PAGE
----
represents the allowable limit of FS.29). Also. Figure 8 shows a linear relation between the factor of safety (FS) for the pile cap with the ultimate pile capacity (Qult ) taken from Table 5 for the 4 criteria. However. The results are plotted in Figure 9 in a similar manner as Figure 8. From this figure. one can establish Table 6 and both reliability index (β ) and factor of safety (FS) can be calculated.pdffactory. Note that the dotted line in Figure 8. The value obtained is equal to (0. one can conclude that the piled foundation system can be considered as “unsafe” for most adopted criteria and for both traditional factor of safety and reliability based design approaches.13) for geotechnical problems which is shown as the dotted. It can be observed that only the theoretical ultimate capacity is considered to be “safe” since its reliability index is equal to (3. the value of (Qult ) that gives an acceptable safety factor of 1. 12. 7.5.13).45) which is greater than the acceptable value of (3. Reliability of Piles The analyses done before for piled foundation will be adopted to determine the reliability of the system as combined piled raft foundation. The reliability index (β ) will be calculated and compared with the traditional factor of safety.23). negative values of the reliability index are not shown in the plot since it is meaningless. 2010 Reliability Based Design of Pile Raft Foundation including the self-weight of the raft (46547 kN) is carried by the same number of piles (25) without any additional support from the soil.971) which is not acceptable since it is less than (3.5 should not be less than 2793 kN. the reliability index (β ) was calculated for the 4 criteria as illustrated before. which is 1. From STAAD results. The RBD can be divided into two categories the factor of safety and reliability index and will be calculated for piles and raft separately. The traditional factor of safety can be calculated from dividing the ultimate pile capacity (1413 kN) by average of the actual load (1090 kN).com . which is not acceptable from the traditional point of view assuming piled foundation. & Tech.Eng. It can be noticed from the figure that the system is considered to be “unsafe” for (Qult ) adopted from (10mm theory. Vol. 15mm theory and the average 4 methods) but it is “safe” for (Qult ) equals to 13470 kPa from the theoretical capacity which gives a large FS of (7. It can be noticed that the FS is equal to (1. The statistical data (mean value and SD) from Table 6 can be used to model the actual load and resistance capacity as a normal distribution curves. No. the concept of the CPRF is to allow full mobilization of the piles and hence the concept of “safe” and “failure” system will be revised. For the same problem. 2368 PDF created with pdfFactory Pro trial version www.28. As a final note. Reliability Based Design (RBD) of Piled Raft The reliability of CPRF depends on the reliability of both piles and raft combined. Journal. and Equation 6 can be used to calculate the reliability index of the system.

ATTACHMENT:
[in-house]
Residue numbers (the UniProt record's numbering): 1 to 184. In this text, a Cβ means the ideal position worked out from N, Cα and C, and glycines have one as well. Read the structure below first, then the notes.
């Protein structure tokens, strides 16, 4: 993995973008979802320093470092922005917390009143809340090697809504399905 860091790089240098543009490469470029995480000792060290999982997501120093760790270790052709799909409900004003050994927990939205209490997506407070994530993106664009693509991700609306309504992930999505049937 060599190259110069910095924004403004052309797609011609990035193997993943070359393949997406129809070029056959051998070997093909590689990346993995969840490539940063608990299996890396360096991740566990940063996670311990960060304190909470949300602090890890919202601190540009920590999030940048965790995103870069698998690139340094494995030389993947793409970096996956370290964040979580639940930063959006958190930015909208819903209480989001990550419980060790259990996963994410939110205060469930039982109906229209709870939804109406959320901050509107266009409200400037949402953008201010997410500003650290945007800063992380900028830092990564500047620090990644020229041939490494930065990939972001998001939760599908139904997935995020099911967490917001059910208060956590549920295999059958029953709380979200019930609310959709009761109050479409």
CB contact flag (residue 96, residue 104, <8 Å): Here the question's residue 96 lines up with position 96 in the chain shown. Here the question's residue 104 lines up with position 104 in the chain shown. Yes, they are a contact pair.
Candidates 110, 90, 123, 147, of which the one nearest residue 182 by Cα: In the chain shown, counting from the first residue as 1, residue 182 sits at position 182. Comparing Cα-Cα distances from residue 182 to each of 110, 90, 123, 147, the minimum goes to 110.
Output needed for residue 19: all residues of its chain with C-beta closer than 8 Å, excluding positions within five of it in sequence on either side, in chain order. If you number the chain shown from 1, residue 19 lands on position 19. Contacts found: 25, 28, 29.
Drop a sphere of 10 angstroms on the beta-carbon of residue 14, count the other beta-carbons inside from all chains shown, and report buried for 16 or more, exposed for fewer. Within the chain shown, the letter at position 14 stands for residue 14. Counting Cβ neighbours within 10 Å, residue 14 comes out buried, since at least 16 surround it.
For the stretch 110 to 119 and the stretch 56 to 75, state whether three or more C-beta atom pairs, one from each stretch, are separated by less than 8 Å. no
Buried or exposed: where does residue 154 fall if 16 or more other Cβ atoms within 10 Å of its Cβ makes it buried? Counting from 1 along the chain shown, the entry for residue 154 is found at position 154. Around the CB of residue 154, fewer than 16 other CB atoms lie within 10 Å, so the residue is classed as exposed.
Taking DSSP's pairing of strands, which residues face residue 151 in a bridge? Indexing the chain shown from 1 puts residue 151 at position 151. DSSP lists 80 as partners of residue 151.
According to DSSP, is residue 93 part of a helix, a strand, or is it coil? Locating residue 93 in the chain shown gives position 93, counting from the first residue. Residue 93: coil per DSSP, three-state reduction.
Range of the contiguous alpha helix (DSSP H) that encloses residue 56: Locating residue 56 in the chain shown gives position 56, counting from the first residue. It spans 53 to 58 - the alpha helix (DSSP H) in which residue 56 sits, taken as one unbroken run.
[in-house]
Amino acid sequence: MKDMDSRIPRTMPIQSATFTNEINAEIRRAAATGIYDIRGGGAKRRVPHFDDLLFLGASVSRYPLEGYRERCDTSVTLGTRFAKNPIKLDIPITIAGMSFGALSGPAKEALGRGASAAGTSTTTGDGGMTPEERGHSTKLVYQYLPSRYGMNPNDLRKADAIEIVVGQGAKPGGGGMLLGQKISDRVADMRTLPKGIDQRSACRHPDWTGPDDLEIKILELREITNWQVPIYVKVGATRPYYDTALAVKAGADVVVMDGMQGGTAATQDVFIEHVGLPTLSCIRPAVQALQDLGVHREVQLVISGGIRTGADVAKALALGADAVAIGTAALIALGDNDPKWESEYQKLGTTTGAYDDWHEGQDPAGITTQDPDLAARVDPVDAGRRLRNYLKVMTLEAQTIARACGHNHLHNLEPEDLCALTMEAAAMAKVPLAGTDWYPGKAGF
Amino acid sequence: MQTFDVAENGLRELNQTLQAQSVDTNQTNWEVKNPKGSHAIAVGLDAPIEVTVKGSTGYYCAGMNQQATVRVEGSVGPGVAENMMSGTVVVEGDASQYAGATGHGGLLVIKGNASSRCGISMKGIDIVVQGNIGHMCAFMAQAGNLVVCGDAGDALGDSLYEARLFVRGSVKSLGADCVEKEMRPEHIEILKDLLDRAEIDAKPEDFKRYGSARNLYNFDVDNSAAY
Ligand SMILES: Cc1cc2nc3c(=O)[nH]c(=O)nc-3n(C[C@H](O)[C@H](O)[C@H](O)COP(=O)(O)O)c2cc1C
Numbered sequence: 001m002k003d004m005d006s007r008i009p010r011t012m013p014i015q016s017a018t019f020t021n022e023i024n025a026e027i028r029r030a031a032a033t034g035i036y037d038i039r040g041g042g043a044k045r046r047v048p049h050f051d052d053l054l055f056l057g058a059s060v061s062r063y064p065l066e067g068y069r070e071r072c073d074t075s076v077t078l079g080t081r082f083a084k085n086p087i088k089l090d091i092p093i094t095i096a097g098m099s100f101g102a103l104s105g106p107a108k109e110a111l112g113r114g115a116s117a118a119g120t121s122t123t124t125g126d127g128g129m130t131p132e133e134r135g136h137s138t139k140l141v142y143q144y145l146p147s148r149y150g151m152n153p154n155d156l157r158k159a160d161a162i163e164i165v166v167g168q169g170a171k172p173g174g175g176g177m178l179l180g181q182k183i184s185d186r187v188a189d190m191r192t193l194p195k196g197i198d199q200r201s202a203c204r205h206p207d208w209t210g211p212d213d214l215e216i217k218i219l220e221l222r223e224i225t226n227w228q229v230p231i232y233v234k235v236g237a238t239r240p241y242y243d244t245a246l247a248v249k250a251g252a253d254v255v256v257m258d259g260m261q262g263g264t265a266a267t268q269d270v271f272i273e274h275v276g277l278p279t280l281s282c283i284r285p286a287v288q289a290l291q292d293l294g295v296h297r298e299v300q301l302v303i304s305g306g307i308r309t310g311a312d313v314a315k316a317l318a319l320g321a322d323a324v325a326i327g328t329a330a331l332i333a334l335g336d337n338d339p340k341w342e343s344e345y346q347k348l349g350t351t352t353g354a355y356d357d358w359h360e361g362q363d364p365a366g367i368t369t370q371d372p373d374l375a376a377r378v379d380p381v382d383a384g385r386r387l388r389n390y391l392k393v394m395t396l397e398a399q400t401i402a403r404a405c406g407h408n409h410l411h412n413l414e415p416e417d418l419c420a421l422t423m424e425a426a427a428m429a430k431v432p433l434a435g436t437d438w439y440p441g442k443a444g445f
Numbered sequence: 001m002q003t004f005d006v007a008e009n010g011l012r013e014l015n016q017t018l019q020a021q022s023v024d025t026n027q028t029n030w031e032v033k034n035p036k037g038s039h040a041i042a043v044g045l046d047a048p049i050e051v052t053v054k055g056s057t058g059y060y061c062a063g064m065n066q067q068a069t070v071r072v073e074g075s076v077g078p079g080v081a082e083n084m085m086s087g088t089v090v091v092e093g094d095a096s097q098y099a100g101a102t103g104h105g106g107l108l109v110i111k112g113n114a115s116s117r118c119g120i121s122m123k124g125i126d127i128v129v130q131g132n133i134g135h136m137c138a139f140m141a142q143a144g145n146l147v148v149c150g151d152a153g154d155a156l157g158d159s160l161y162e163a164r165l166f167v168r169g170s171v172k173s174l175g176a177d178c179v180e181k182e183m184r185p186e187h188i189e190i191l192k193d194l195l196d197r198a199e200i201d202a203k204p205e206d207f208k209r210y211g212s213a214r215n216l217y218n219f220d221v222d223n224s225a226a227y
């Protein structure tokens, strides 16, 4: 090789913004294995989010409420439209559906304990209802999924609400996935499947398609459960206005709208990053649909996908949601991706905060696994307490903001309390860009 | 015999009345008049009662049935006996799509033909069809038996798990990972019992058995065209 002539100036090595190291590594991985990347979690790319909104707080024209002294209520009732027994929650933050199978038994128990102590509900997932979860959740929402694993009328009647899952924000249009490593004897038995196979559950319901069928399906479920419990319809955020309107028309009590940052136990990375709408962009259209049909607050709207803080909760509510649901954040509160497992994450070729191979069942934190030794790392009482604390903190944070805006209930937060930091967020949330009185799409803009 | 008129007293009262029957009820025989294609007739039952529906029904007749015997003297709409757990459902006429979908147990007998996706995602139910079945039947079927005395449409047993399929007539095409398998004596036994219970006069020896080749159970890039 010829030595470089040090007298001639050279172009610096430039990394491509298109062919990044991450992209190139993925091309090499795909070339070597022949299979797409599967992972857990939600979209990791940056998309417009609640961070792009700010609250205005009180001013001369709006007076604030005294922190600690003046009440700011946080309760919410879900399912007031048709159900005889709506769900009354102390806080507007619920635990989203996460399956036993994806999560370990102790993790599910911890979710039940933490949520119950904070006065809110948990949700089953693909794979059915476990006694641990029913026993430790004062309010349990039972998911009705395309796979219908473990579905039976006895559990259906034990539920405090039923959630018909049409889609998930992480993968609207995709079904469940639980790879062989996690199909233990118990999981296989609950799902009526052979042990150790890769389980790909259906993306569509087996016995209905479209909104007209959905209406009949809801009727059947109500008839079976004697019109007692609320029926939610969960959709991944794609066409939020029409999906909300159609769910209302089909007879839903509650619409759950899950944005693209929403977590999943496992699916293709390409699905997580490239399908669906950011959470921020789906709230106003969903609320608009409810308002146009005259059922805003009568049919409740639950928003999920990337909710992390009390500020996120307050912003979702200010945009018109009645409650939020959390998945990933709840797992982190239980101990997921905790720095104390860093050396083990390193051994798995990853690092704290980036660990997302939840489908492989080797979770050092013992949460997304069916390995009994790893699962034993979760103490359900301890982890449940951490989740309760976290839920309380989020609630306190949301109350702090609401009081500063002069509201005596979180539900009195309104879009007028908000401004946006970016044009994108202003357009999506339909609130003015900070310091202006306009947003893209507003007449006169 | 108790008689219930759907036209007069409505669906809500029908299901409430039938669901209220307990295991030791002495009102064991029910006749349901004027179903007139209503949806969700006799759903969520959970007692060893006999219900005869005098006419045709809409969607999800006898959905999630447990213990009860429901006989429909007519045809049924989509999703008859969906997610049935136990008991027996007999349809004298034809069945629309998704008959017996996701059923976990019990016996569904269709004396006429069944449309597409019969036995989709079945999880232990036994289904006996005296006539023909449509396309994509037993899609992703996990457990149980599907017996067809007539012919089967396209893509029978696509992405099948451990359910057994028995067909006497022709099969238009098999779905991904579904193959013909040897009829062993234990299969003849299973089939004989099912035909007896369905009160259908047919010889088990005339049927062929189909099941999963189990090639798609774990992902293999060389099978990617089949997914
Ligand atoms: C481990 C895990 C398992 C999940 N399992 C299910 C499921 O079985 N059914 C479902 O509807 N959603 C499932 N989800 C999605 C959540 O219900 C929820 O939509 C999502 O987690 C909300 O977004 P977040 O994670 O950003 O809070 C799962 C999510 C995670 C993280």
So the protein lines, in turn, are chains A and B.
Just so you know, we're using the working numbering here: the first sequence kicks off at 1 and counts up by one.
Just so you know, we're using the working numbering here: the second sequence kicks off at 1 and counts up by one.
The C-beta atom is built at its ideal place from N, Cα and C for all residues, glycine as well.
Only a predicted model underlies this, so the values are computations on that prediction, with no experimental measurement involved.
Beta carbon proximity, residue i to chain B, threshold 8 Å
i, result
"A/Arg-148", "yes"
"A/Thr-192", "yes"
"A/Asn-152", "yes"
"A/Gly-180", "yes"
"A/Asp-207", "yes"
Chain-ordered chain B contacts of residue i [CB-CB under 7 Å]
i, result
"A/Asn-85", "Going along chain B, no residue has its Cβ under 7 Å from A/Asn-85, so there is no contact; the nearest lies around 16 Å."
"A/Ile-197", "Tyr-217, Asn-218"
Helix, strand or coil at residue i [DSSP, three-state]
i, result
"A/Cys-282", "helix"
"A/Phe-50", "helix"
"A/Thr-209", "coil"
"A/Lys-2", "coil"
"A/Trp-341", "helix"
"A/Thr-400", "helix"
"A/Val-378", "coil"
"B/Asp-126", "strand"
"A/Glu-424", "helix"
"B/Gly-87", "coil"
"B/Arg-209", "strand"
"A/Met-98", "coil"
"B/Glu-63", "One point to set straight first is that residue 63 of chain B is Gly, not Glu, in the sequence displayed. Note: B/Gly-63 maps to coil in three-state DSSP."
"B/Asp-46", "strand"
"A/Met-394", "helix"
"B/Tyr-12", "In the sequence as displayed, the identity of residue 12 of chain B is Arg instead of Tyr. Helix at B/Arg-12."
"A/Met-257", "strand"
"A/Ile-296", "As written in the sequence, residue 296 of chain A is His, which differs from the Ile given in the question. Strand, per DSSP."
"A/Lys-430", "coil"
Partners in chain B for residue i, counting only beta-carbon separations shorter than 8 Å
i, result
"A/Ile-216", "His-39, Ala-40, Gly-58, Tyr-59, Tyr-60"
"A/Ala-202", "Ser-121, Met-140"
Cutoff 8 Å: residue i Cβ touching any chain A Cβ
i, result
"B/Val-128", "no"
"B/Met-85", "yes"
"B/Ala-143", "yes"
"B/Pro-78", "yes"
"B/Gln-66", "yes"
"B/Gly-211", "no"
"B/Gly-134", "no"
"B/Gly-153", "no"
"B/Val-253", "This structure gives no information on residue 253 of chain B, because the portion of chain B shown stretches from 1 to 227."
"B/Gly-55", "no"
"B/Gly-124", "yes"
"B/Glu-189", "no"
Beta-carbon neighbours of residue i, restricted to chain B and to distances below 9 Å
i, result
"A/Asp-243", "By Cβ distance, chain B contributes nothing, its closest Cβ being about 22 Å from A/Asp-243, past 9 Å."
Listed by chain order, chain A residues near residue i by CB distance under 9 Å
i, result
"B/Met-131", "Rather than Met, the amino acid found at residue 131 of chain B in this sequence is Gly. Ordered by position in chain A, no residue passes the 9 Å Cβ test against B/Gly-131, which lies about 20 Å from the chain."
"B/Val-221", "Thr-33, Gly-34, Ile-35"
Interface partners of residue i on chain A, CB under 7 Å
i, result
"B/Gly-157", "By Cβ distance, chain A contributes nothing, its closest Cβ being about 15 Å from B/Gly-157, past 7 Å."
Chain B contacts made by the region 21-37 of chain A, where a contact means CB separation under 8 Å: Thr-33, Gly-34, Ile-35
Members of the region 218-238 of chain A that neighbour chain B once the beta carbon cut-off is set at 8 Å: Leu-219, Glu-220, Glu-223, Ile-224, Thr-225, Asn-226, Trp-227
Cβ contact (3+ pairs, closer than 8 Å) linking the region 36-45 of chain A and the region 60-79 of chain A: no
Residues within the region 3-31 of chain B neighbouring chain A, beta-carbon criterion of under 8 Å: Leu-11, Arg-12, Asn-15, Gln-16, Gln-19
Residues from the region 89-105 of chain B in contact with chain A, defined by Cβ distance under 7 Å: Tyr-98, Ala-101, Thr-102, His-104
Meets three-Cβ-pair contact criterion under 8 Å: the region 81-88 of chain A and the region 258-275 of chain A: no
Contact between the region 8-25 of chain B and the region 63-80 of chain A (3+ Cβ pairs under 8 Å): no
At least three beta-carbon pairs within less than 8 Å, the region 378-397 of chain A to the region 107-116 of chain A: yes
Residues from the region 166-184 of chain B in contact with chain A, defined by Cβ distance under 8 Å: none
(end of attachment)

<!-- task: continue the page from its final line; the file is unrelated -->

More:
28. No.com . The traditional factor of safety can be calculated from dividing the ultimate bearing capacity of the soil (100 kPa) by the actual pressure from the superstructure (50. 2010 Reliability Based Design of Pile Raft Foundation It can be noticed that the factor of safety depends on the mean values of the actual loads and resistance capacity only while the reliability index will be affected by accuracy of the results which can be identified by a statistical terms of standard deviation and COV. it can be noticed that the FS is equal to (1. Taking the adopted pile capacity (1413 kN). and both reliability index and factor of safety are calculated. Figure 10 shows the effect of the change in COV of the adopted (Qult) on the reliability index. The value of the COV should be as low as 4% (intersection of the curve with β limiting value of 3. so it is considered to be “unacceptable”. Figure 12 shows the effect of the change in COV of the qult on the reliability index.13) that the system will be accepted from the point of view of RBD. This indicates that the more the results are accurate the higher is reliability index. In conclusion. Vol. the reactions of the soil were taken and demonstrated in Table 7.81 which is not acceptable since it is less than the limiting value of (3.5.Eng. It can be noticed from Figure 12 that the reliability index increases with the decrease of the COV for the same property. it can be seen that only if the value of the COV is equal to 3% or less can be considered acceptable or “Safe” since it is above the reliability index limit. which is acceptable since it is greater than 1. It can be noticed that the factor of safety depends on the actual and resistance pressure only while the reliability index will be affected by the accuracy of the results of the soil investigation which can be identified by a statistical terms of standard deviation and COV. & Tech. 6 and is equal to 2.5% (Table 4) which is greater than 3%.53% (Table 7) which is greater PDF created with pdfFactory Pro trial version www.18 kPa).13). The adopted COV of the raft is 12. It can be noticed from Figure 10 that the reliability index increases with the decrease of the COV for the same property. Journal. This indicates that the more the results are accurate the reliability index is higher. Figure 11 shows the relation between the reliability index with the ultimate pile capacity for different COV to visualize the effect of the variance and accuracy in pile test results.pdffactory. The COV for the adopted pile capacity is 23.99). The value of reliability index can be calculated from Eq. the pile tests can be accepted as “Safe” system under specific conditions depending on the accuracy of the tests (variance of the results) but it will be always “Safe” or “Unsafe” no matter what is the degree of accuracy according to the traditional definition of factor of safety. 2369 Reliability of Raft (Soil) From STAAD results. Figure 12 shows that only if the value of the COV is equal to 5% or less for the same bearing capacity of (100 kPa) the raft can be considered acceptable or “Safe” since it is above the reliability index limit. 12.